POSTED: 20 October 2018
My road trip from Perth to Adelaide was somewhat bizarre in that three of us departed and only two arrived. There was no tragic accident or out of control argument and no-one was murdered. It was basically a lack of communication that led to weird misunderstanding. It’s funny the way it goes sometimes...
The car belonged to Jamie and we wanted to enjoy the journey as much as the destination. But our other travel buddy Lou was only focused in Adelaide and seemed in a big hurry to get there. He was a nice guy but wasn’t interested in the stark beauty of the southern outback that we’d pass through along the way. He occupied the back seat either sleeping or reading his book.
Typical landscape near Kalgoorlie
After a long day on the arrived we arrived in the brash mining town of Kalgoorlie-Boulder. It was dusk but I could sense Lou was agitated when we decided to stay for the night. If it was up to him we’d be driving in three shifts, day and night. I dared not suggest that we play the world’s longest golf course on our way east. The extraordinary Nullarbor Links stretches 1,362km south to Norseman and all the way across to the town of Ceduna in South Australia. The holes are scattered along the route and the only water hazard is the risk of running out of it!
That would have been a lot of fun but no, it wasn’t going to be that kind of trip. We were up early the next morning and on the road to the crossroads township of Norseman. It was here we began the long haul east across the mighty Nullarbor Plain. This is one of the iconic Australian road trips where you simply sit back, relax and enjoy the big empty skies and long horizons. This truly is about the journey as much as the destination.
Edge of the Nullarbor Plain
Translated, the word ‘Nullarbor’ means treeless and that’s exactly what the plain is. The mighty Eyre Highway runs parallel with the Trans-Australia Railway line across the southern edge of the Nullarbor Plain. It includes Australia’s longest stretch of dead straight road - 145km, the so called Ninety Mile Straight. The plain is low shrubs and tussock grass for as far as the eye can see. It’s as vast as the outback but greener and prettier. There are roadside campsites every 250km but we pushed on to Border Town, so called for obvious reasons.
The following day we’d set our watches forward 90 minutes and enter South Australia. But Lou’s discontent over our lack of progress grew to genuine anxiety and the reason emerged. Apparently he had to be in Adelaide by the following afternoon for a flight to Sydney! I don’t know what he was thinking not speaking up or travelling with us at all. The 2,700km journey across the country is similar to going from London to Moscow!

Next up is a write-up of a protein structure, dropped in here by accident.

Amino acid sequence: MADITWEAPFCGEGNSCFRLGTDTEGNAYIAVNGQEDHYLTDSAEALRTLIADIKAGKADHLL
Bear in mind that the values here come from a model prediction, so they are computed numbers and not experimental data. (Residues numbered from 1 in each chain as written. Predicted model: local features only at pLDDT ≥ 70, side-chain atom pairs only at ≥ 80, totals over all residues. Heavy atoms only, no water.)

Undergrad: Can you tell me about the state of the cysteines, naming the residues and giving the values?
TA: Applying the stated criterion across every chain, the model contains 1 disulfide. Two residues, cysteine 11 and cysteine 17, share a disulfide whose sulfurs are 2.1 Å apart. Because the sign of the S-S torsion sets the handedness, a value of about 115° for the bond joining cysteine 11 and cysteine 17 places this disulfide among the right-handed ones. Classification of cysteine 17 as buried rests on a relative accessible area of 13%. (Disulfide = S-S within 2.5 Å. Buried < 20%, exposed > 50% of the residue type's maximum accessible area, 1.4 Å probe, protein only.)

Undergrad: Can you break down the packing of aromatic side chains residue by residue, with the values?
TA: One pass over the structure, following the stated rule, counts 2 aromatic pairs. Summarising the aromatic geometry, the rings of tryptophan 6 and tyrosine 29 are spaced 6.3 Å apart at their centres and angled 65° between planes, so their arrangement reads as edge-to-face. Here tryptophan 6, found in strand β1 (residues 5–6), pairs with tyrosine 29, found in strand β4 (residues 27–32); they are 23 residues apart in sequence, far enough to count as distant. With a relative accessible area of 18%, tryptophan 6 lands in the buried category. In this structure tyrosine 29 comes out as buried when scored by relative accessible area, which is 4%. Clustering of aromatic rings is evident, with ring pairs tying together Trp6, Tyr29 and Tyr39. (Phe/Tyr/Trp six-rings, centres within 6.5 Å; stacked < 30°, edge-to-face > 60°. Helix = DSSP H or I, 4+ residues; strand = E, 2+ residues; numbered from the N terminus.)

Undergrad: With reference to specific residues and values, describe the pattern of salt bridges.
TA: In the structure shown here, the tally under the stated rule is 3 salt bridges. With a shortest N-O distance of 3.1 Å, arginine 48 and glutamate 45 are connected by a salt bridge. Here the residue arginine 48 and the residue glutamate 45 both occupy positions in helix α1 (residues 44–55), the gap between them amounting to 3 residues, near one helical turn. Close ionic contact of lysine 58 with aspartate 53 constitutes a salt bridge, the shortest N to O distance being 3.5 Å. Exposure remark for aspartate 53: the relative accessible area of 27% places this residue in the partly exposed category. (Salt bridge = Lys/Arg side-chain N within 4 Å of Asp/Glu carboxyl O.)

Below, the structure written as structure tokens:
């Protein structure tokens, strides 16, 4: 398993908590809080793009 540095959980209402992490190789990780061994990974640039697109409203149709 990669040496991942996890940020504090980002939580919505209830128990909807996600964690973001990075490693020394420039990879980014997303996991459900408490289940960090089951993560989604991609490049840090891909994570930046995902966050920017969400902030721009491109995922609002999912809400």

Western Australian state border
Did he really imagine that it would only take a couple of days? We were a little bewildered by his lack of planning and awareness. Maybe he was too shy or embarrassed to speak up earlier and I felt bad that we’d held him up. There were no hard feelings though. He apologised for causing problems, left us some money for fuel and jumped on a truck that night heading for Port Augusta. I wished him luck and had my fingers crossed he’d make it.
And then there were two. We still had some 1,300km to travel but our initial stop would be the Great Australian Bight. The marine park here is the second largest in the world after the Great Barrier Reef and is home to migratory whales from July to August. Although it was too early for whale watching it was worth stopping just for the great views of the Southern Ocean, sand dunes and the towering Bunda Cliffs. We then pushed on to the raggedy fishing town of Ceduna which in the local Aboriginal language means ‘a place to sit down and rest’.
The Great Australian Bight
We did exactly that for a while before pushing on to Port Augusta which on the map at least, appears to be at the biggest crossroad in Australia. From this town at the head of the Spencer Gulf, you can treat it as the gateway to the vast outback, Flinders Ranges or Eyre Peninsula. Highways and railways roll out toward Kalgoorlie in the west, Alice Springs and Darwin in the north, Sydney and Melbourne in the east and our destination of Adelaide in the south. Not a bad position!
As we passed various road signs I thought for a moment about Lou trying to catch a final ride to catch his flight. I’ll never know but I somehow doubted that he made it. We stayed a final night in Port Augusta and took a walk around the old town centre the next morning. It has some elegant buildings and a pleasant waterfront where some locals were fishing. From there, it was just a four hour drive to the South Australia state capital. It had been a strange trip but I’d made it and ‘all’s well that ends well’ as they say.